REVIEW: ‘The Haunting of Hill House’ is a Slow but Spooky Family Drama
It's Six Feet Under, with only one season and a haunted mansion.
I've been waiting for it for MONTHS, and it finally came out on Friday - the much-hyped, much-anticipated Haunting of Hill House on Netflix.
After watching Open House a couple of weeks ago, as well as losing interest in Orange Is The New Black, I wondered if Netflix had gotten too big for its own britches with original movies and shows.
I was wrong...until the last episode.
The family dynamic is almost a mirror image of the Fishers from Six Feet Under, except in this series, the mom dies first and the father has to carry on. There are five kids - a funeral director, a writer, a junkie, a gay doctor and, well, Nell. The youngest and the most disturbed. That's about all we get from her character.
In my opinion, there's one kid too many. It takes the entire first half of the series to explore each one of their personalities, backgrounds, and history with the house. I don't think I fully figured out who everybody was until episode five.
Still, each episode was important in its own way. It was kind of a "I know I have to learn all of this stuff to understand the series" feeling, even though I was admittedly bored for short amounts of time.
It's comforting to see a dysfunctional family, because it makes us all feel "normal." I loved the mental illness angle, until they reveal that it's NOT mental illness and the family is, in fact, being followed by ghosts.
The series jumps between flashbacks and present day, in no particular order, so pay attention. Sometimes there's captions as to WHERE and WHEN something is happening, sometimes there's not. If you don't understand something that's happened, wait an episode of two. It will be explained.
But let's be honest - we want to see the house. We want to see the ghosts. And we're all just waiting for it.
And therein lies the problem - not enough house. You want more of it - you want to see the Crain family go back to it and attack it, in present day. You don't get that until the last episode, and when it happens, it's disappointing. The show feel like it lost its footing in the finale, which sucks because you've just spent nine hours of your life, waiting for "the end." The explanation. The revenge.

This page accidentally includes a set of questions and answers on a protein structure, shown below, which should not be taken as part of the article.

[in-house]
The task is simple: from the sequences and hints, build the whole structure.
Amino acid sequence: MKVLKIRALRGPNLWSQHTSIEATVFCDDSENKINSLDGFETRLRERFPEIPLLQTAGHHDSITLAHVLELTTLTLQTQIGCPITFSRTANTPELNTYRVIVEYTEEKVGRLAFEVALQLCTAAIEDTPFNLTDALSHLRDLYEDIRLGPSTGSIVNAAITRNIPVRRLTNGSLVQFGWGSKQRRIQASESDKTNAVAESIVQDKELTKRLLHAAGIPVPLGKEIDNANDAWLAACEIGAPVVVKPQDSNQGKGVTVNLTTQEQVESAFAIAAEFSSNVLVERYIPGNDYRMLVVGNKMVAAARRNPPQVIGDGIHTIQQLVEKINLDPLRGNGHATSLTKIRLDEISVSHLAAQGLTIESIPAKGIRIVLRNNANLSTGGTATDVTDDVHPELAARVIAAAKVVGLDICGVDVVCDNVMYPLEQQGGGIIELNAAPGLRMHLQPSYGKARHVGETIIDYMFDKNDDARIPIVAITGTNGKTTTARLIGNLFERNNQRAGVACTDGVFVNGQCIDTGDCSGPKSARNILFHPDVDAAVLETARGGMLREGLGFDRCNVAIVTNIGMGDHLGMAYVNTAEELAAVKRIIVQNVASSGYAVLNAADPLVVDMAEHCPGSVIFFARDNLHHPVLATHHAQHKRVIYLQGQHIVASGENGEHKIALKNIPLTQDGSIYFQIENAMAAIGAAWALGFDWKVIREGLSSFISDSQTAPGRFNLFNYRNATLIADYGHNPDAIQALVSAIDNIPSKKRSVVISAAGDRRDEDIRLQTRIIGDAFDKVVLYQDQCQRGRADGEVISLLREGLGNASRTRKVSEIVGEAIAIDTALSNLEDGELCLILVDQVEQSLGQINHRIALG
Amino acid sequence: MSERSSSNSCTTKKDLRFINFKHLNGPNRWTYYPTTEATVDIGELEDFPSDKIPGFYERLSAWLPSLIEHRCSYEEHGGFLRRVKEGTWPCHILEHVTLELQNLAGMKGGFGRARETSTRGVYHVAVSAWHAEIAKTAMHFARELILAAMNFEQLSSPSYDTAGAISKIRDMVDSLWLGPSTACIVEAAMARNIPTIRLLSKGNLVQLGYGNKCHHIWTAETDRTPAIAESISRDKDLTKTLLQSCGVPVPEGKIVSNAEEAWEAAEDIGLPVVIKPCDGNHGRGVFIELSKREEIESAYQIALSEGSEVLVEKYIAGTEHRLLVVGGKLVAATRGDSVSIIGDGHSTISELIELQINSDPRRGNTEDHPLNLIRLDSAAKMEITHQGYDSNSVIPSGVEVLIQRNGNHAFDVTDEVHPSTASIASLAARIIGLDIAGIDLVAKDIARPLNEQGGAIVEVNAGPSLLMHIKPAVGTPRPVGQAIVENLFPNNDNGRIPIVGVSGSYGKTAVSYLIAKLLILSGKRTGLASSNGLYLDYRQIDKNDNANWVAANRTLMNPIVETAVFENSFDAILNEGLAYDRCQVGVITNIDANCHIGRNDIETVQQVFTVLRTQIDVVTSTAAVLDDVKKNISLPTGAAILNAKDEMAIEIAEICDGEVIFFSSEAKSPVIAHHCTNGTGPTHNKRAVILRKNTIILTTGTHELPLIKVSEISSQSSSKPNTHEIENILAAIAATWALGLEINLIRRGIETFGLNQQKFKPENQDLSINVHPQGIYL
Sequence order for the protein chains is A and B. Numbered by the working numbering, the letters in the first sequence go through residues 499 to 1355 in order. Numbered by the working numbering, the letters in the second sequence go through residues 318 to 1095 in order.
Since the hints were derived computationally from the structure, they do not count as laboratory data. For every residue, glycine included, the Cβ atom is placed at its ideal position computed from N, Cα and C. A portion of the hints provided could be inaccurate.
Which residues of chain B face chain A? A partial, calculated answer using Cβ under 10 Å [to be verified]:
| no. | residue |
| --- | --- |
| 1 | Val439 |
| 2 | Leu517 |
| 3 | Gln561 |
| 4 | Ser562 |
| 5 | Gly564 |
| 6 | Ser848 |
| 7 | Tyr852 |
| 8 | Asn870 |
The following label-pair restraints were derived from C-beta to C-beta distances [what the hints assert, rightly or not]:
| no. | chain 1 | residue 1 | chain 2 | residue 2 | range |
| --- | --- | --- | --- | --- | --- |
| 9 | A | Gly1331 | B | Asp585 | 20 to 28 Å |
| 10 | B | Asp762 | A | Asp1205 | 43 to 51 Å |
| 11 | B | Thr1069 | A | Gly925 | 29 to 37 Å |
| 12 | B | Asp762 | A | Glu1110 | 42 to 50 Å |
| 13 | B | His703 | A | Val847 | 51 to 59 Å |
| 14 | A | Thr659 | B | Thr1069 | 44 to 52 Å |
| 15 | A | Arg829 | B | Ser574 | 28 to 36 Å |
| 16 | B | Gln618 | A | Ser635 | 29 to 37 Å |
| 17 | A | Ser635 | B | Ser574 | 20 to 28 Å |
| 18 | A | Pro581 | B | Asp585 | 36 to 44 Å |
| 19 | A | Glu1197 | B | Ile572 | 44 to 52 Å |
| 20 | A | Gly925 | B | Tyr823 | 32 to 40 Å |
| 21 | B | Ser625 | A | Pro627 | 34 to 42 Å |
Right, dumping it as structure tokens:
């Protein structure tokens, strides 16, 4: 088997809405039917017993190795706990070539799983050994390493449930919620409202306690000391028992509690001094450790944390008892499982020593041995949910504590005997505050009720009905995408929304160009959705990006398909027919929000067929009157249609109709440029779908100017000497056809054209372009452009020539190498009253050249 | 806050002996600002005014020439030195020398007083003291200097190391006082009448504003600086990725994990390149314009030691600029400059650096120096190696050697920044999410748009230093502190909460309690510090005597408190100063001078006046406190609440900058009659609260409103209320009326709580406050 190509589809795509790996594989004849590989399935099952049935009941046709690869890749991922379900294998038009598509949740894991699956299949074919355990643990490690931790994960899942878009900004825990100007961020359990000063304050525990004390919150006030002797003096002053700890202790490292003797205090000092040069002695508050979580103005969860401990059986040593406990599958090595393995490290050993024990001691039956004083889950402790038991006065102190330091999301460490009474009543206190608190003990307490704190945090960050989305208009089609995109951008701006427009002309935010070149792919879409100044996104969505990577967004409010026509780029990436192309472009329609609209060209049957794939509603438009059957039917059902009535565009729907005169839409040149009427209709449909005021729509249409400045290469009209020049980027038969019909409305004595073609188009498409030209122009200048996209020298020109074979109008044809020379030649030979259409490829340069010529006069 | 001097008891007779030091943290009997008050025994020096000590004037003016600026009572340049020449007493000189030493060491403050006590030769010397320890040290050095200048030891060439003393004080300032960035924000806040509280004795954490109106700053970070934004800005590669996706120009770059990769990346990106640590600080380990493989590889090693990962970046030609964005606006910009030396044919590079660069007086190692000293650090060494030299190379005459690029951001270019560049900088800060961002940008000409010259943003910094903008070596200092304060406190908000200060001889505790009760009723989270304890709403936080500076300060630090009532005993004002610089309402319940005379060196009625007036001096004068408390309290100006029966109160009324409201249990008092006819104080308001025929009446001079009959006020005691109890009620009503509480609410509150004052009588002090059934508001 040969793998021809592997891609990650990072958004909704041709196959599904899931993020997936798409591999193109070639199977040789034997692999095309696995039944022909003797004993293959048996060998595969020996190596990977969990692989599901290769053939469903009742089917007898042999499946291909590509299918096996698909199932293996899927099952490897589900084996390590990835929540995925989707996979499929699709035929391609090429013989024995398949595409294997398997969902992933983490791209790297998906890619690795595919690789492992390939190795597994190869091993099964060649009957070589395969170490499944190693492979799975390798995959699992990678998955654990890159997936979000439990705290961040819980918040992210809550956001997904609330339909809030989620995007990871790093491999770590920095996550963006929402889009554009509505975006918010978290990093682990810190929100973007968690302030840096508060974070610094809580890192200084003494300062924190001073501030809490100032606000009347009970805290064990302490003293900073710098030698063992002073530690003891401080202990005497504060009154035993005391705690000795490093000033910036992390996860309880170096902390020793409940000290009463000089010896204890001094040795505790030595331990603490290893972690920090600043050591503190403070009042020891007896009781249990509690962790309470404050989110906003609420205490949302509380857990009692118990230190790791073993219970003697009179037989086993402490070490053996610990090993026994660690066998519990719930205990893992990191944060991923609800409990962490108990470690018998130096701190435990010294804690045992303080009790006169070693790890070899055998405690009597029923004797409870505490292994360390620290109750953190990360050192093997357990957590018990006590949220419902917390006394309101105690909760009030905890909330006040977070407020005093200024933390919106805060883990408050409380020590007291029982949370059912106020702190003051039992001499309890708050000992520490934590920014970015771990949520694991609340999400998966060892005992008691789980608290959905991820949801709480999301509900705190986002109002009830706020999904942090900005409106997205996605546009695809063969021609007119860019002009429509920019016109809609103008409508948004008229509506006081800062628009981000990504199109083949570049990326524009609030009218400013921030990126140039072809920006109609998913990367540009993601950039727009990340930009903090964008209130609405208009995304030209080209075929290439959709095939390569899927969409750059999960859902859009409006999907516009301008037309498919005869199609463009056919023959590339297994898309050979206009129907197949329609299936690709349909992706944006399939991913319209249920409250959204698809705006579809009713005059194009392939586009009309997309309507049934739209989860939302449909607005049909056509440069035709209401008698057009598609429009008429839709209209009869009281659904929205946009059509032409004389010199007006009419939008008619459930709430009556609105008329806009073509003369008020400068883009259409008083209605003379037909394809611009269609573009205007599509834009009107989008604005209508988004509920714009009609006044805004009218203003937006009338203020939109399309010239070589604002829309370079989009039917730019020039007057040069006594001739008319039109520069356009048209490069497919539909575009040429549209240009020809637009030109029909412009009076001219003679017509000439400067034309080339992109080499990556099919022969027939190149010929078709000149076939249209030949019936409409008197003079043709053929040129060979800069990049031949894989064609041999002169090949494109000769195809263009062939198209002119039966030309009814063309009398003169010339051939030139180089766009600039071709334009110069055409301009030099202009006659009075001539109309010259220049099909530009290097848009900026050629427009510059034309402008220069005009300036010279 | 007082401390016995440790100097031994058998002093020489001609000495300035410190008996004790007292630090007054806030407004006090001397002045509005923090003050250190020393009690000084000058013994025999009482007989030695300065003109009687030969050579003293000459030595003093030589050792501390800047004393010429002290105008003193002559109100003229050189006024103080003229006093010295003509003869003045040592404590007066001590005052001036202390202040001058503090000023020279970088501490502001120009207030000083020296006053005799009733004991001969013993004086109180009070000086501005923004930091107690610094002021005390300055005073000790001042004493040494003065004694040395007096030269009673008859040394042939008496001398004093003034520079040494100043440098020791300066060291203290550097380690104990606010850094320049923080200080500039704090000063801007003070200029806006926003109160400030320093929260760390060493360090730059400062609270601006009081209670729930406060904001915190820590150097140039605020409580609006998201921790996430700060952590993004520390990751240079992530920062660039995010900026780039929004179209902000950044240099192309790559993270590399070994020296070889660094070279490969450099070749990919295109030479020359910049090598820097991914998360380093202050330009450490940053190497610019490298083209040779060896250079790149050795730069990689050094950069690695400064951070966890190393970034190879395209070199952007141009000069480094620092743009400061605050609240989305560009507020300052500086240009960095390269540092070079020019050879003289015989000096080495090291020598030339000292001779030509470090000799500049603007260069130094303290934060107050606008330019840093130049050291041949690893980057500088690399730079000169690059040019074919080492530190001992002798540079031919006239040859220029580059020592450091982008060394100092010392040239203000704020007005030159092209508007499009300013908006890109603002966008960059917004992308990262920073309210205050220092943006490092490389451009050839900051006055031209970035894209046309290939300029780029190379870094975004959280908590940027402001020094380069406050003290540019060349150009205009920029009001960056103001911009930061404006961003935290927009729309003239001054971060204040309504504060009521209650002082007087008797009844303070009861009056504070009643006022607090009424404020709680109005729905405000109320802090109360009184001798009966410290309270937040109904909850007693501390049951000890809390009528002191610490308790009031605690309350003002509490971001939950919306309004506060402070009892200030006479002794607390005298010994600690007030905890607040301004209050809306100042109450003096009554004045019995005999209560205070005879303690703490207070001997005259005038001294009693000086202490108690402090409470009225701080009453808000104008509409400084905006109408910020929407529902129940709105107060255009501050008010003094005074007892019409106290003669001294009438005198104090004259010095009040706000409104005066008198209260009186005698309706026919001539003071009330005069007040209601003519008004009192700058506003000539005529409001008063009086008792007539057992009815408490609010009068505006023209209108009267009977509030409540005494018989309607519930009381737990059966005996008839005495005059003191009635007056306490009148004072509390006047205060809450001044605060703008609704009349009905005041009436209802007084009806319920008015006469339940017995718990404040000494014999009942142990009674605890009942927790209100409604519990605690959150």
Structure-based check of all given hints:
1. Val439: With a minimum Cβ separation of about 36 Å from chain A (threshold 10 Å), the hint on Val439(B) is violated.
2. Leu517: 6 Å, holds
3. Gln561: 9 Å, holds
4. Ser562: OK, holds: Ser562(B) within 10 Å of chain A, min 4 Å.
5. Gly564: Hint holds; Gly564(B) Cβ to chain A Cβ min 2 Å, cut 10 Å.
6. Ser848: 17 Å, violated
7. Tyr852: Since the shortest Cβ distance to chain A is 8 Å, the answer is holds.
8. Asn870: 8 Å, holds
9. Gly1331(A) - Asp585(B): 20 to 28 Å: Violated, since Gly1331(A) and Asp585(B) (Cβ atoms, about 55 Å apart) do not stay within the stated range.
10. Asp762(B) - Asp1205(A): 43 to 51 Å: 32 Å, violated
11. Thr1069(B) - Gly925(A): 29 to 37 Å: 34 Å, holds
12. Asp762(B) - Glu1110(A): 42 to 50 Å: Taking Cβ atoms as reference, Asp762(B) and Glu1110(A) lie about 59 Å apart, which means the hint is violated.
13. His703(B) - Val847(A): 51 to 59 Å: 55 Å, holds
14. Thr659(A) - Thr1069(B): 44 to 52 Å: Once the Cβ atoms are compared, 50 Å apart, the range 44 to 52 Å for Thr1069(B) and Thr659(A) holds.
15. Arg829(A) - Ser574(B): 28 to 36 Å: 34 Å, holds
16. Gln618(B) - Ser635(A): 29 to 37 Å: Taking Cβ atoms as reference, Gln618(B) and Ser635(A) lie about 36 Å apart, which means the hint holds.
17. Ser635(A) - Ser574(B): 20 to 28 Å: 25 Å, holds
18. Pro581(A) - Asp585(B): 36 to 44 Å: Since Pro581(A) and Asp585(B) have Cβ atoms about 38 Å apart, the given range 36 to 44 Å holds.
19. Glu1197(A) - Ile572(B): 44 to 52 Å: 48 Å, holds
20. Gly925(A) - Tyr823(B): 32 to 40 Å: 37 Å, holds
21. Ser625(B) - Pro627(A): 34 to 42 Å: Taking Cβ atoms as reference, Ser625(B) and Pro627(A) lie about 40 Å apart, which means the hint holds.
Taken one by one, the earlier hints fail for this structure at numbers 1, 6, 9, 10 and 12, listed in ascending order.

And you don't get it.
I hesitate to say that the show could've been shorter by a couple of episodes; I really do believe that the story and the connection with each character, individually, was super important. So no, I don't think less is more in this case.
Every time I felt like the show was getting too serious, too dramatic, too...boring, they'd hit you with a ghost. The bent-neck lady. The tall guy with the hat. The mom, reaching out of the casket. It was like they gave you just enough to entice you to watch the next episode.
I kept having to remind myself that it's a series, not a movie. If you're in it for jump scares and gore, walk away now. The family aspect of it was unexpected and enjoyable for me, personally.
In the end, I was on my couch, bingeing it for the same reasons many other people were - it was a horror series. And it's Halloween season. I wanted to be scared, spooked, creeped out and uncomfortable. And I really don't think that I got that until halfway through the series. And even then, I was waiting for the big finale...which never came.
Final thoughts - I don't totally understand The Red Room. I don't totally understand what happened with the Dudleys (even though Mr. Dudley's speech to Hugh in the basement while they're working against the mold was one of the scariest parts for me).
But overall, I enjoyed it. It was a time commitment, it was fun and satisfying. Would I watch it again? Probably not.
I think back to every scary movie I"ve ever seen, and trust me...there's a LOT. I'm a horror movie fanatic. And I've rarely ever been satisfied with the end of a horror film. If it ends with questions, I'm bummed. If they wrap it up in a neat little bow, I'm bummed. So really, I've never been totally happy with the end of a scary movie.
Sometimes, I think you have to end it like A Quiet Place. I think it just needs to...end. With a cliffhanger. Otherwise, it could go on forever. And that's where I feel like The Haunting of Hill House went wrong - the ending was wrapped up in a neat little bow WITH questions still looming.
But, if you loved the family in Six Feet Under, if you love ghosts and haunted houses and have 10 hours to burn, I saw go for it.